The latest UN Intergovernmental Panel on Climate Change (IPCC) report has painted a bleak picture for India, warning that the South Asian country could face multiple climate change-induced disasters in the next two decades.
Unless greenhouse gas emissions are drastically reduced by 2030, it will become impossible for Indian authorities to reverse an imminent climate catastrophe, it said.
“The IPCC report clearly delineates that multiple climatic and non-climatic risks will interact with each other, which will result in increased overall risks cascading across sectors and regions. It will pose unique challenges to India,” Ritwick Dutta, an India-based lawyer at the Legal Initiative for Forest and Environment (LIFE) organisation, told DW.
“This should serve as a wake-up call for the Indian government to mainstream climate concerns across all levels of decision making,” added Dutta, who received the 2021 Right Livelihood Award for his work with local communities.
Scientists from 67 countries, including nine from India, contributed to the UN report on climate change.
Can India adapt to climate change?
“The report finds that water is central to adaptation. For example, a majority of adaptations are being forged in response to water-related hazards,” Aditi Mukherjee from the New Delhi-based International Water Management Institute told DW.
“On the one hand, water is a part of the problem as a large majority of world’s population are experiencing climate change through water-related impacts, but on the other hand, water is also a part of the solution,” she added.
According to the report, more than 40% of India’s population will face water scarcity by 2050, and at the same time the country’s coastal areas, including big cities like Mumbai, will be affected by rising sea levels.
Flooding will intensify in the Ganges River and Brahmaputra River basins, and at the same time crop production will be disrupted by droughts and water scarcity.
“It is an existential threat [for India]. The window of opportunity to deal with the crisis is closing,” Sunita Narain, director of the Center for Science and Environment in New Delhi, told DW.
Impact on urban livelihood
The report notes that climate change is already impacting health, livelihood and infrastructure in India’s urban areas.
The impact, however, will be felt more by economically and socially marginalised urban residents, who live in informal settlements.
There has been 35% urban growth between 2015 and 2020, and cities will see at least 600 million more residents over the next 15 years, according to the report.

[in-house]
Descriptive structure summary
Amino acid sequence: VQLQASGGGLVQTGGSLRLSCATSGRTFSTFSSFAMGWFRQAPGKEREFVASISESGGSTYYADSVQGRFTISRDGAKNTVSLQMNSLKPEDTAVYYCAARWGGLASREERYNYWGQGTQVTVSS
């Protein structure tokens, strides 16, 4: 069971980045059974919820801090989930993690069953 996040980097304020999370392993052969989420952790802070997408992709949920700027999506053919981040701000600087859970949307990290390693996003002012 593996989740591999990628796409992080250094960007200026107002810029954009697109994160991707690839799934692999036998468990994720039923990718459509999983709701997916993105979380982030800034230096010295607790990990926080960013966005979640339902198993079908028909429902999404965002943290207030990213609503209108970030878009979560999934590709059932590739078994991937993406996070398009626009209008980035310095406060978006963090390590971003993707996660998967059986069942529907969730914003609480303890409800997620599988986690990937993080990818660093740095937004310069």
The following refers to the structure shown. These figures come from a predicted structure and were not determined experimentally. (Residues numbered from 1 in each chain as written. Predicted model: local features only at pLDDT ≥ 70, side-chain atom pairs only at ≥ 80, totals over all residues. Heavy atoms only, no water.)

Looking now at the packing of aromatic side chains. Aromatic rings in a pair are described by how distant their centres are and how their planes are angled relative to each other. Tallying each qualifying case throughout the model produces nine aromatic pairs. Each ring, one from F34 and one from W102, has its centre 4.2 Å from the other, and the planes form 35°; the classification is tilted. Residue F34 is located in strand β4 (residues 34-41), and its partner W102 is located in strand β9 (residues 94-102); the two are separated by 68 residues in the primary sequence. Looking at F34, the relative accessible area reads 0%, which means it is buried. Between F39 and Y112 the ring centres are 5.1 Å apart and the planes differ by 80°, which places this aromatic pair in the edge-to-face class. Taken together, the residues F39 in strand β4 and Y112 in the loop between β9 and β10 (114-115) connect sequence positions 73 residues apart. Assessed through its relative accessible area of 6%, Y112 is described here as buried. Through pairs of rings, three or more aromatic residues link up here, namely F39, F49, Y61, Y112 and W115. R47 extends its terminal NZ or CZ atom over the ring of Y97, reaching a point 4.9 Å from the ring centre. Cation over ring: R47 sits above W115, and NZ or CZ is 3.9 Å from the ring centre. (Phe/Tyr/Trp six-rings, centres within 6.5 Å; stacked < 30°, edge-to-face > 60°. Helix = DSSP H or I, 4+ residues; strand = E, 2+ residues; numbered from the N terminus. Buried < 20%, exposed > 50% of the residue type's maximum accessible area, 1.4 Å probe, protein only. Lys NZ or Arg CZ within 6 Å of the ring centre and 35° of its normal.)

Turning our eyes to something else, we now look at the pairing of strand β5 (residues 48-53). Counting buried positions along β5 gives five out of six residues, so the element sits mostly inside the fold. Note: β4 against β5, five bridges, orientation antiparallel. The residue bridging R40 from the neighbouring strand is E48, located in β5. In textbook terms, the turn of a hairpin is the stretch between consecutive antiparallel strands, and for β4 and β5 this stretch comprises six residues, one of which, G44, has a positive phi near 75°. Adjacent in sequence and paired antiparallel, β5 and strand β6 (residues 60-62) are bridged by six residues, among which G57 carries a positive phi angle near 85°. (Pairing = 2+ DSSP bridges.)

“Tackling different climate change challenges will require collective action. Governments, private sector and local communities need to work together to reduce risks,” Roxy Mathew Koll, a climate scientist at the Indian Institute of Tropical Meteorology, told DW.
“We have to move away from quick fixes. We need transformational adaptation to reduce the root causes of vulnerability by shifting systems away from unsustainable trajectories,” he said.
India’s climate targets
In November, Prime Minister Narendra Modi pledged at the Glasgow climate summit that India can meet 50% of its energy requirements by increasing its non-fossil energy capacity to 500 gigawatt by 2030.
Modi also said India will reduce its total projected carbon emissions by 2030, decrease the carbon intensity of its economy by 45% by the same year and achieve net-zero emissions by 2070.
Bhupender Yadav, India’s minister of environment, forests and climate change, welcomed the IPCC report and told media the government is taking measures to reduce energy sector emissions.
“Environmental negotiations are not about give and take — they are about saving the world. Developed nations must take historic responsibility and consider what they have done in the past,” Yadav said.
Another IPCC report, which is scheduled to be released in April, will suggest remedies to tackle the climate crisis and how to reduce greenhouse gas emissions.
“India needs to act in its own interest. Our climate change strategy must be based on the principle of co-benefits. We should take measures to deal with climate change because it is good for the world, but also because it is good for us,” said Narain.
Featured image: A coal-fired thermal power station. Photo: Reuters